LAWRENCE COUNTY More work urged in battle against West Nile virus
A new regional code enforcement office should be operational by January.
By LAURE CIOFFI
VINDICATOR NEW CASTLE BUREAU
NEW CASTLE, Pa. -- Lawrence County municipalities are being asked to help combat the West Nile virus.
Janice Alberico of the Penn State Extension office, the county's West Nile virus coordinator, told local officials that they need to set up a system to collect dead birds next year.
Alberico met with officials Wednesday at the monthly meeting of the Lawrence County Council of Governments.
State officials have found seven dead birds and one mosquito pool infected with the virus in the county.
"This isn't going to go away. It will hit harder next year," Alberico said.
Alberico also asked officials to work this fall and winter on ordinances banning junked tires, a breeding ground for mosquitoes who transmit the virus.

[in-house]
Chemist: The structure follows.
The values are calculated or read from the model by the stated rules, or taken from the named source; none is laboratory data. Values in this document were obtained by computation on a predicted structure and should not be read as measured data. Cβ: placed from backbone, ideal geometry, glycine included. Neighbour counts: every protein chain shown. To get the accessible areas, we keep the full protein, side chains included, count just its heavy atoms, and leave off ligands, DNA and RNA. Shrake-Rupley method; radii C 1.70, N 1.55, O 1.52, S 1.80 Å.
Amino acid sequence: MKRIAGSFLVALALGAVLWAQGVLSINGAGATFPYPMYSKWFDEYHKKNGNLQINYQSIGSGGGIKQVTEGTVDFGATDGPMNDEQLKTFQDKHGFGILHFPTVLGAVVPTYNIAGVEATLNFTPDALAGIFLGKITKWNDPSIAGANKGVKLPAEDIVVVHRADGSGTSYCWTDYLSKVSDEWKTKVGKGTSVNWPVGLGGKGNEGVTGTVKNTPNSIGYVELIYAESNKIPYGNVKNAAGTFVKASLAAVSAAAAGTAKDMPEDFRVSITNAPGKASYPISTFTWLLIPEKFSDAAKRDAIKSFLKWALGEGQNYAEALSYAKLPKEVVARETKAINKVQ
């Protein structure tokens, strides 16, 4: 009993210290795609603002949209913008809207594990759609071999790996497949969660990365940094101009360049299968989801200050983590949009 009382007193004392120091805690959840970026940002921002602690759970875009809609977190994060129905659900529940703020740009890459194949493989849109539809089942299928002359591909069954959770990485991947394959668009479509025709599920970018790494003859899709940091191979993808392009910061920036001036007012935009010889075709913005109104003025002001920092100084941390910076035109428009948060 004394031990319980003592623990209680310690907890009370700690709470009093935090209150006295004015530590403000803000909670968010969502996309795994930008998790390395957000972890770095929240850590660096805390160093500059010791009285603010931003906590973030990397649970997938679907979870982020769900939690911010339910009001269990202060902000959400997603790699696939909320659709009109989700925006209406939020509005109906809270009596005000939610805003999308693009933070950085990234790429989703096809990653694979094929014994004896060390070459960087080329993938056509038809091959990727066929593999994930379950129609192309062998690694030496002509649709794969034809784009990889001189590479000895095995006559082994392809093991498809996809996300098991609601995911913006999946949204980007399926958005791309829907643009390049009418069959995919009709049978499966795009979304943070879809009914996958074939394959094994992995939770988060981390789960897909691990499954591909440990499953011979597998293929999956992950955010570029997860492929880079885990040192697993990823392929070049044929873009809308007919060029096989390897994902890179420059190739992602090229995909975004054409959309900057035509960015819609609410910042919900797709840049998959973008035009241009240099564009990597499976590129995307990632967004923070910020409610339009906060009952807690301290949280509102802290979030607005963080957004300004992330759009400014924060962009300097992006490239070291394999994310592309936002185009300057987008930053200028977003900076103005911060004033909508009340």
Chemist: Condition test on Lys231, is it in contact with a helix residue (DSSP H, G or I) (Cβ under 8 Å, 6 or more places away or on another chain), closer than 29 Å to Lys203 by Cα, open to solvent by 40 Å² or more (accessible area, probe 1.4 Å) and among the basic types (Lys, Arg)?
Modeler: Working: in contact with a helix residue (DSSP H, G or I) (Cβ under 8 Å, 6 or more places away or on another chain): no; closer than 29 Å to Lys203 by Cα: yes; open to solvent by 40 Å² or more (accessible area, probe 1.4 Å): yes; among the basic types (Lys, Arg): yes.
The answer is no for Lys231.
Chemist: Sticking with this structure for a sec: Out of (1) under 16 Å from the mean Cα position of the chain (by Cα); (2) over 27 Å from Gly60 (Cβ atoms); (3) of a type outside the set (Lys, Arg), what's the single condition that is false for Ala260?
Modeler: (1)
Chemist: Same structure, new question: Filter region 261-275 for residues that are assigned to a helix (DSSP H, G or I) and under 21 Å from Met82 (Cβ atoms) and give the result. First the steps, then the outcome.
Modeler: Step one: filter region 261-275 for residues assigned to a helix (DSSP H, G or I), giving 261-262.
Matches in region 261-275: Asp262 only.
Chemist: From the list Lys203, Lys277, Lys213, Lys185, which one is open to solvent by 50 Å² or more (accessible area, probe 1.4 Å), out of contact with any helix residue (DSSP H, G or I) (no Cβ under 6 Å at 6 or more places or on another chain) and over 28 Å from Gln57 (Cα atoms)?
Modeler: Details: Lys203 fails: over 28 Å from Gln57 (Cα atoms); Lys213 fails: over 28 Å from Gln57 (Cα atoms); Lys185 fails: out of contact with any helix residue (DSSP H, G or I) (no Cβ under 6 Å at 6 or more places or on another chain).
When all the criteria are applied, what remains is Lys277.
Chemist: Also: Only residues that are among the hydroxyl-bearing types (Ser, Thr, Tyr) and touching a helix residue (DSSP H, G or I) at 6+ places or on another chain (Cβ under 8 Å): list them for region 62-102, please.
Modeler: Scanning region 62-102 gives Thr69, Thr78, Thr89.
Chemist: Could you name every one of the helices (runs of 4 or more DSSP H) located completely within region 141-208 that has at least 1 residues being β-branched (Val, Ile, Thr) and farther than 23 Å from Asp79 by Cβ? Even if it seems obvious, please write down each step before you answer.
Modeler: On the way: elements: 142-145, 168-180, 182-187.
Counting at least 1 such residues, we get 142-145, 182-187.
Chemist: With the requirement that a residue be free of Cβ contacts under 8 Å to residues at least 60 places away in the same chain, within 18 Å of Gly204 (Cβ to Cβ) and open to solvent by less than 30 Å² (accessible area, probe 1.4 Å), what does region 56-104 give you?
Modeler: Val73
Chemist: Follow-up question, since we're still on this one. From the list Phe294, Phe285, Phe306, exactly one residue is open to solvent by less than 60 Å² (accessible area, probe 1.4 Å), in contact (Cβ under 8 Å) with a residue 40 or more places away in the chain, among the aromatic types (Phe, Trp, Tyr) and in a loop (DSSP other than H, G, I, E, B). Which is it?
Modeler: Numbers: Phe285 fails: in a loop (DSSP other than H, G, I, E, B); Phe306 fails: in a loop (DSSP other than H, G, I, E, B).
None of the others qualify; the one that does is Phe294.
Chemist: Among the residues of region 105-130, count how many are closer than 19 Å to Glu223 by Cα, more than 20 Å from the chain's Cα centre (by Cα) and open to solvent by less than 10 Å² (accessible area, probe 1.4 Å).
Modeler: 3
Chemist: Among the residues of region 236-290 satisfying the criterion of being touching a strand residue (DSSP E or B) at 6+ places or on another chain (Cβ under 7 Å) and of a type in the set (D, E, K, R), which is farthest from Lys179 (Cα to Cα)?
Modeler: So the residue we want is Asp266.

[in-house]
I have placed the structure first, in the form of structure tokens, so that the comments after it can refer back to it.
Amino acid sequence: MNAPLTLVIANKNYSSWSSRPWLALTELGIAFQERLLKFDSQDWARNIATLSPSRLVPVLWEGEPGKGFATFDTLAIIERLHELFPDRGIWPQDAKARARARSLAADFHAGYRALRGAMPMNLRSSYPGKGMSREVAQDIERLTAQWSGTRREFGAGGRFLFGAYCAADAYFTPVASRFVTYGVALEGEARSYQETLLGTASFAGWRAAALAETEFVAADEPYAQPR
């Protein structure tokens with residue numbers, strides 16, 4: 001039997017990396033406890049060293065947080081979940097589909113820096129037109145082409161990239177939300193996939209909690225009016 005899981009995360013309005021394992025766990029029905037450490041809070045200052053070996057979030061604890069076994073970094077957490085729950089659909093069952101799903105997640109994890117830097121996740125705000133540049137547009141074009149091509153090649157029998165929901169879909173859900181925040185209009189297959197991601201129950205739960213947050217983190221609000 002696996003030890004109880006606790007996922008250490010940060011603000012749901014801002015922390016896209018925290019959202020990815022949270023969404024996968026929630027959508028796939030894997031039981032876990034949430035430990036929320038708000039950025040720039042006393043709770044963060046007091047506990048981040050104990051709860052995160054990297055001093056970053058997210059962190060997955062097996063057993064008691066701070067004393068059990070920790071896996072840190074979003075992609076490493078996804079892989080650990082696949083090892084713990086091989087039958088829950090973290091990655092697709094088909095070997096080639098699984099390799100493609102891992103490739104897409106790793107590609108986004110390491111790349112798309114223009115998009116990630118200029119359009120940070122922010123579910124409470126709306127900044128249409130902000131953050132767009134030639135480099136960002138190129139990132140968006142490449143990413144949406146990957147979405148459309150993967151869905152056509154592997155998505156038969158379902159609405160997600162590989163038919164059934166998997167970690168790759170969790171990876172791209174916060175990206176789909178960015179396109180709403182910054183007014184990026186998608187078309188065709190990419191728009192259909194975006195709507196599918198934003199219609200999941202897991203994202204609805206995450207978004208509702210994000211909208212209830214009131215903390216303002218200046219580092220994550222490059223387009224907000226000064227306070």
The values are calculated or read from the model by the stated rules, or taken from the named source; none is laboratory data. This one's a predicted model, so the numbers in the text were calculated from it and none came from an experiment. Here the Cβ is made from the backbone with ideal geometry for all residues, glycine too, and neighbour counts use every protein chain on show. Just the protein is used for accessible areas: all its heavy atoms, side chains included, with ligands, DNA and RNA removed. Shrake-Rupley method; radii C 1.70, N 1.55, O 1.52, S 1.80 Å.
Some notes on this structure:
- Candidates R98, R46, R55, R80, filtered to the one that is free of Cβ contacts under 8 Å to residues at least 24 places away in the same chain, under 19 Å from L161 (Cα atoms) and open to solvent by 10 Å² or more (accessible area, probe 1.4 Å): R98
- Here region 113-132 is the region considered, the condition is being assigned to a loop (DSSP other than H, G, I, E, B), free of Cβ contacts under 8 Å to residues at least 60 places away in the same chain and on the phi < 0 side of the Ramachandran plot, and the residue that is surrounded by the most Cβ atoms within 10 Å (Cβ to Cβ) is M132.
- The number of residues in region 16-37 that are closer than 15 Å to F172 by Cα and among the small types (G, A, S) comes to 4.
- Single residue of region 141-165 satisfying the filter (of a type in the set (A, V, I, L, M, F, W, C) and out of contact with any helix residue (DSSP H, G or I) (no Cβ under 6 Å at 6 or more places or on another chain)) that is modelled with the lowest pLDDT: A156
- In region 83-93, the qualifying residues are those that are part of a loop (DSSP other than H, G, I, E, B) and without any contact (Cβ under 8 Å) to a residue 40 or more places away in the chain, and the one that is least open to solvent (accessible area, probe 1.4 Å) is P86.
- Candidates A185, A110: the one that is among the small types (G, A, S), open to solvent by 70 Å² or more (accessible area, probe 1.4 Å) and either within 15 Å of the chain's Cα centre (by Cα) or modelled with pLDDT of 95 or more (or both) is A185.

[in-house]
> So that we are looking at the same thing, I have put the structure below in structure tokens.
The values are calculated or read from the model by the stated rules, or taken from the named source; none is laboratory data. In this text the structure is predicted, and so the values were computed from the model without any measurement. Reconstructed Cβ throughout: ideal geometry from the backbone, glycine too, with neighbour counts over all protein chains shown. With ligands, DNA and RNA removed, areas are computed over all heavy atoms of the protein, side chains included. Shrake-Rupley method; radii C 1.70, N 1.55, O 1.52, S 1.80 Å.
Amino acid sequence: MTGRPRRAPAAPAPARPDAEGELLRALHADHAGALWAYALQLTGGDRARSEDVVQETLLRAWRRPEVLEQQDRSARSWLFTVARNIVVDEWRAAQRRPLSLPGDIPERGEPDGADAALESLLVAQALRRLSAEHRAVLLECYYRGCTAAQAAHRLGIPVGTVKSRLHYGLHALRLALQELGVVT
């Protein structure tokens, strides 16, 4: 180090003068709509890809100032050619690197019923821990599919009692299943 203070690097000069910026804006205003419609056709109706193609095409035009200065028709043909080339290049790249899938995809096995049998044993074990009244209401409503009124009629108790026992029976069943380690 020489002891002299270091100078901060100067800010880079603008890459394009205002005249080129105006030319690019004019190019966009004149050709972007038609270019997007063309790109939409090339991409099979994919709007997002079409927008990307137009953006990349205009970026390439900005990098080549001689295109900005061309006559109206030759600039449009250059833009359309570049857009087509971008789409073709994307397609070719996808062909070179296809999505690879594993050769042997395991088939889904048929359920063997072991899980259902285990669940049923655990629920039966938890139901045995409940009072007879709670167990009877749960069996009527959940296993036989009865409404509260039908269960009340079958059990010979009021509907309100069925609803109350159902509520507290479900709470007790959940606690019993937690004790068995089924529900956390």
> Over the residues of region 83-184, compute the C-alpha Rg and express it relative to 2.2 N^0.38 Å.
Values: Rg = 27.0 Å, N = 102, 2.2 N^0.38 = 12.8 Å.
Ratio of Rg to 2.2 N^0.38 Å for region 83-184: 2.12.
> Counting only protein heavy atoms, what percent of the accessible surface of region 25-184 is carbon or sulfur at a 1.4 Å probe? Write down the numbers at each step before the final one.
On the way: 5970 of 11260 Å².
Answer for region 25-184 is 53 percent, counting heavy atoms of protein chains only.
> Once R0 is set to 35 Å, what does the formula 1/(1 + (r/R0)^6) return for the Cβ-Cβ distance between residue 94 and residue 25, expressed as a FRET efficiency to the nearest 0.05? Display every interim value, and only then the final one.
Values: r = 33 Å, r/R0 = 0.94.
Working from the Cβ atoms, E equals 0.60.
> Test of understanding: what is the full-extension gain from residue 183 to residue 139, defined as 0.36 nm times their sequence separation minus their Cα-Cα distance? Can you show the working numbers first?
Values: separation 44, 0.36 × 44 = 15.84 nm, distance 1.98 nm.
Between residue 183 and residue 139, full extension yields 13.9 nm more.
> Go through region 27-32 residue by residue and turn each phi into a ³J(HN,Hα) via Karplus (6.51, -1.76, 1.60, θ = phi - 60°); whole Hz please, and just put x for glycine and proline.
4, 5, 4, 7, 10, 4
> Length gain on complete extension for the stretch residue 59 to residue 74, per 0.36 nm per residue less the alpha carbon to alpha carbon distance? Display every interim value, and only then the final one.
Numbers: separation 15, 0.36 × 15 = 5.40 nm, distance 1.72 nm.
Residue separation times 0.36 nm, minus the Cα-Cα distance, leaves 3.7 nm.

Health officials have advised residents to eliminate all stagnant water to keep the mosquito population down.
Alberico told municipal leaders that ditches are also a breeding ground for mosquitoes and should be kept clean.
Alberico said the West Nile problem should subside this year after the first frost because most mosquitoes will be dead, but officials will have to continue working on it next year.
She also advised officials not to ignore dead birds that aren't being tested by the state. State officials are testing only crows, owls, hawks and blue jays.
She said if enough other species are reported dead, state officials may expand the types of birds they test for West Nile next year.
In other business, COG members are still working on guidelines for the countywide regional code enforcement.
A steering committee creating the code enforcement guidelines is still trying to determine if one person will be hired or an agency, said Robert Callen, COG executive director.
Callen said they expect to charge $22.50 per hour for the services.
Callen noted that the code enforcement office will be responsible for enforcing new building codes that the state is expected to implement next year and any other municipal codes including junkyard enforcement and problems with absentee landlords.
The new regional code enforcement should begin sometime in January, he said.